The picks, especially Toronto's top-three protected first-rounder, are just icing on the cake. Did you think it was almost unfair for the Thunder to get Perry Jones III in this year's draft? If the Raptors head to the lottery and don't move up to the top three, OKC could be in position to take a blue-chipper like Alex Poythress or Archie Goodwin. Now that's unfair.
HOUSTON ROCKETS: A-
Morey has been looking for a date for so many freaking years now. This guy has been rejected, and rejected, and then rejected in a totally unforeseen and incredible manner (David Stern stepping in to nix the three-team trade that would have sent Chris Paul to the Lakers). Here, he finally gets a top-30 player worthy of being his franchise guy. He gets him as he is still ascending, with a cheap rate in the first season. And, perhaps most important, he gets a franchise guy who fits with his other big-salary commitments.
The only two players to whom Morey has given real money are point guard Jeremy Lin and center Omer Asik. Harden makes Lin better by giving him a second shot creator and playmaker to help carry the offensive burden. Harden, an offense-first shooting guard, and Asik, a defense-first center, don't overlap in any meaningful way. The trio, together, is complementary and flexible. It's not an overwhelming talent base, but it's a good start and their combined salary figure isn't backbreaking. Together, the three players should command just a little more than half the salary cap. With so many existing players on rookie deals, the Rockets get a talent infusion without totally sacrificing their flexibility down the road.
What's not to like about this trade from Houston's perspective? Martin was a veteran on a rebuilding team, and therefore completely expendable. Lamb is a nice prospect, but the Rockets literally cannot play all of their youngsters, not even if coach Kevin McHale were a professional juggler. Cook and Hayward are effectively expiring contracts, so they are simply there to get the trade math to work; Aldrich is an unknown so far, but could get a shot at some minutes. In short, none of the pieces that Houston took back will be damaging.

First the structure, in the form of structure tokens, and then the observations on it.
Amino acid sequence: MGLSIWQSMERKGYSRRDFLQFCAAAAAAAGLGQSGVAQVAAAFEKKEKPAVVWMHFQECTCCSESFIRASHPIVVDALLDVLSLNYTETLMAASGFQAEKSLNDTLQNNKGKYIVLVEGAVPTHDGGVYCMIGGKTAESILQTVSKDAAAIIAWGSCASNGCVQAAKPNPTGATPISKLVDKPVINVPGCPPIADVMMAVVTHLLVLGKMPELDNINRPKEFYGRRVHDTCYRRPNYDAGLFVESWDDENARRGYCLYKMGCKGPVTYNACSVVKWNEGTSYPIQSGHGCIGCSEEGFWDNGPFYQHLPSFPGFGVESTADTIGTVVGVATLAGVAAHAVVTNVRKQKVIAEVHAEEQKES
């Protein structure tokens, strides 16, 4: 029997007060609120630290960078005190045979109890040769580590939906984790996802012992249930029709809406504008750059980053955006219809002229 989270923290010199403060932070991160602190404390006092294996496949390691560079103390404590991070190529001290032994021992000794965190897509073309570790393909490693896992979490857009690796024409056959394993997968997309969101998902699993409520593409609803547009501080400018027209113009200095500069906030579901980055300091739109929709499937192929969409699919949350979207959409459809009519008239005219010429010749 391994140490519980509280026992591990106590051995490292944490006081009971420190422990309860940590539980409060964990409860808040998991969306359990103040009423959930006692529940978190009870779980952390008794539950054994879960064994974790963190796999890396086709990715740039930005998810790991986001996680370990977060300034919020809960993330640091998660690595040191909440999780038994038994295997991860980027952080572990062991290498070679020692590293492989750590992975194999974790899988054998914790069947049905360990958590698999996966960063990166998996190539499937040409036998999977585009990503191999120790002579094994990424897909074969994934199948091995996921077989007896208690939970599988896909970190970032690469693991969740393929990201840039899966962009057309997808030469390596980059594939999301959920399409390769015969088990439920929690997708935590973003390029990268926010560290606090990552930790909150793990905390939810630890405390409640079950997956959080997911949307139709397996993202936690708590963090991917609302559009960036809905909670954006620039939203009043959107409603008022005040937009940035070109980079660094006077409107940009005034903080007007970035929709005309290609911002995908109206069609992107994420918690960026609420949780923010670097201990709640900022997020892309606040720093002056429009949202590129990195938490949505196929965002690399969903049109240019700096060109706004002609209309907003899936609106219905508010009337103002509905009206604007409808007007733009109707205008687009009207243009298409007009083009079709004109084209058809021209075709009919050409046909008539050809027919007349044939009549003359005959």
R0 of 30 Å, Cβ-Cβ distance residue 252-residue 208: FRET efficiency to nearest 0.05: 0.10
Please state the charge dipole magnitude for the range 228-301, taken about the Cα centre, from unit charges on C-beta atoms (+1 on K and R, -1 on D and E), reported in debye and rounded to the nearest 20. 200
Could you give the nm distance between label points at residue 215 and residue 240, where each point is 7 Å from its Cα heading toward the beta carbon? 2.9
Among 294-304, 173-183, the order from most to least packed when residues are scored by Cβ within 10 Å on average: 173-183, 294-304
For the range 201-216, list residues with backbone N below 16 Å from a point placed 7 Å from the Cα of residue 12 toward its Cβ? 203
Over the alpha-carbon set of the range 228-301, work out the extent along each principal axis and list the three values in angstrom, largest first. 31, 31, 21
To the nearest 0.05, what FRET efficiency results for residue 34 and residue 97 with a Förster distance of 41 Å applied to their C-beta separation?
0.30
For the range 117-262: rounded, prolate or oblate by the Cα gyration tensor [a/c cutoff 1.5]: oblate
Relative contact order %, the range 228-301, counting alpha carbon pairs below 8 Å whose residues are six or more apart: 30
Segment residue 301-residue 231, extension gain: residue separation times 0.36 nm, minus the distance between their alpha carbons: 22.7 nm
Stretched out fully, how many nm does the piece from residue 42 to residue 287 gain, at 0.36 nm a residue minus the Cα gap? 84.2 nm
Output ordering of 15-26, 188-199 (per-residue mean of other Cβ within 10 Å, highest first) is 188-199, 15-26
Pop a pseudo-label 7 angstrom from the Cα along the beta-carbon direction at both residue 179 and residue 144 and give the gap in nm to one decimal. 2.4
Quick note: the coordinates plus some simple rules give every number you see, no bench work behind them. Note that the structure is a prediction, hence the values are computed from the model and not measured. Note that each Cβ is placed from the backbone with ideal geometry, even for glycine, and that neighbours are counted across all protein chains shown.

The nitpicking starts with the draft picks, pun intended. You can bet Presti was particularly insistent on the Raptors' pick, which came to Houston in exchange for Kyle Lowry. Had Morey found a way to offer a different package of prospects and/or picks to save that Raptors pick, he would have been looking at a home run. Alas, he will be too busy planning Harden's All-Star campaign and marketing push to lose sleep over his "A-."
JAMES HARDEN: B
The "A" scenario for Harden was for Thunder ownership to conclude he was an irreplaceable piece and pay him every last cent possible under league rules. That clearly didn't happen. While that knowledge surely stings in the short term, things could be a lot worse for Harden.
It will be clear in the coming days exactly how much he will be paid and for how long (four or five years, up to around $80 million in a best-case scenario) but there's little doubt Morey will be highly motivated to max him out quickly. That solves the money question. In terms of minutes, shots and leadership opportunities, he will have a full share of all three. No more sacrificing for teammates; teammates will be sacrificing for him.
Oklahoma City's grass is likely to remain greener than Houston's for the entirety of Harden's next contract. He knows that better than anyone, and that's a difficult pill to swallow. The first year is likely to be the toughest, too; there just isn't much proven talent on the roster around him.
Going forward, the Rockets are an excellent consolation prize, and that reality should eventually sink in. Harden now has: a big market and gigantic fan base; an ownership group committed to winning; a proactive GM looking to cash in minor assets for major players with flexibility to do so; no dead-weight contracts or bad attitudes around him slowing down the process or making life unnecessarily difficult; a ton of money; and as many shots as he can take and as many starter's minutes as he can play. Yes, Harden might be shedding a few tears over the transition. But a move to Houston, big picture, hardly represents an ordeal. It will hurt to watch K.D. and Russ go toe-to-toe with the Los Angeles Lakers and Miami Heat of the world. But he had to know that this was at least an outside possibility and he clearly had a number in mind for what remaining in OKC was worth to him from a financial standpoint. As with any break-up, the hard part is now over and he's free to make the best of what should be an above-average situation.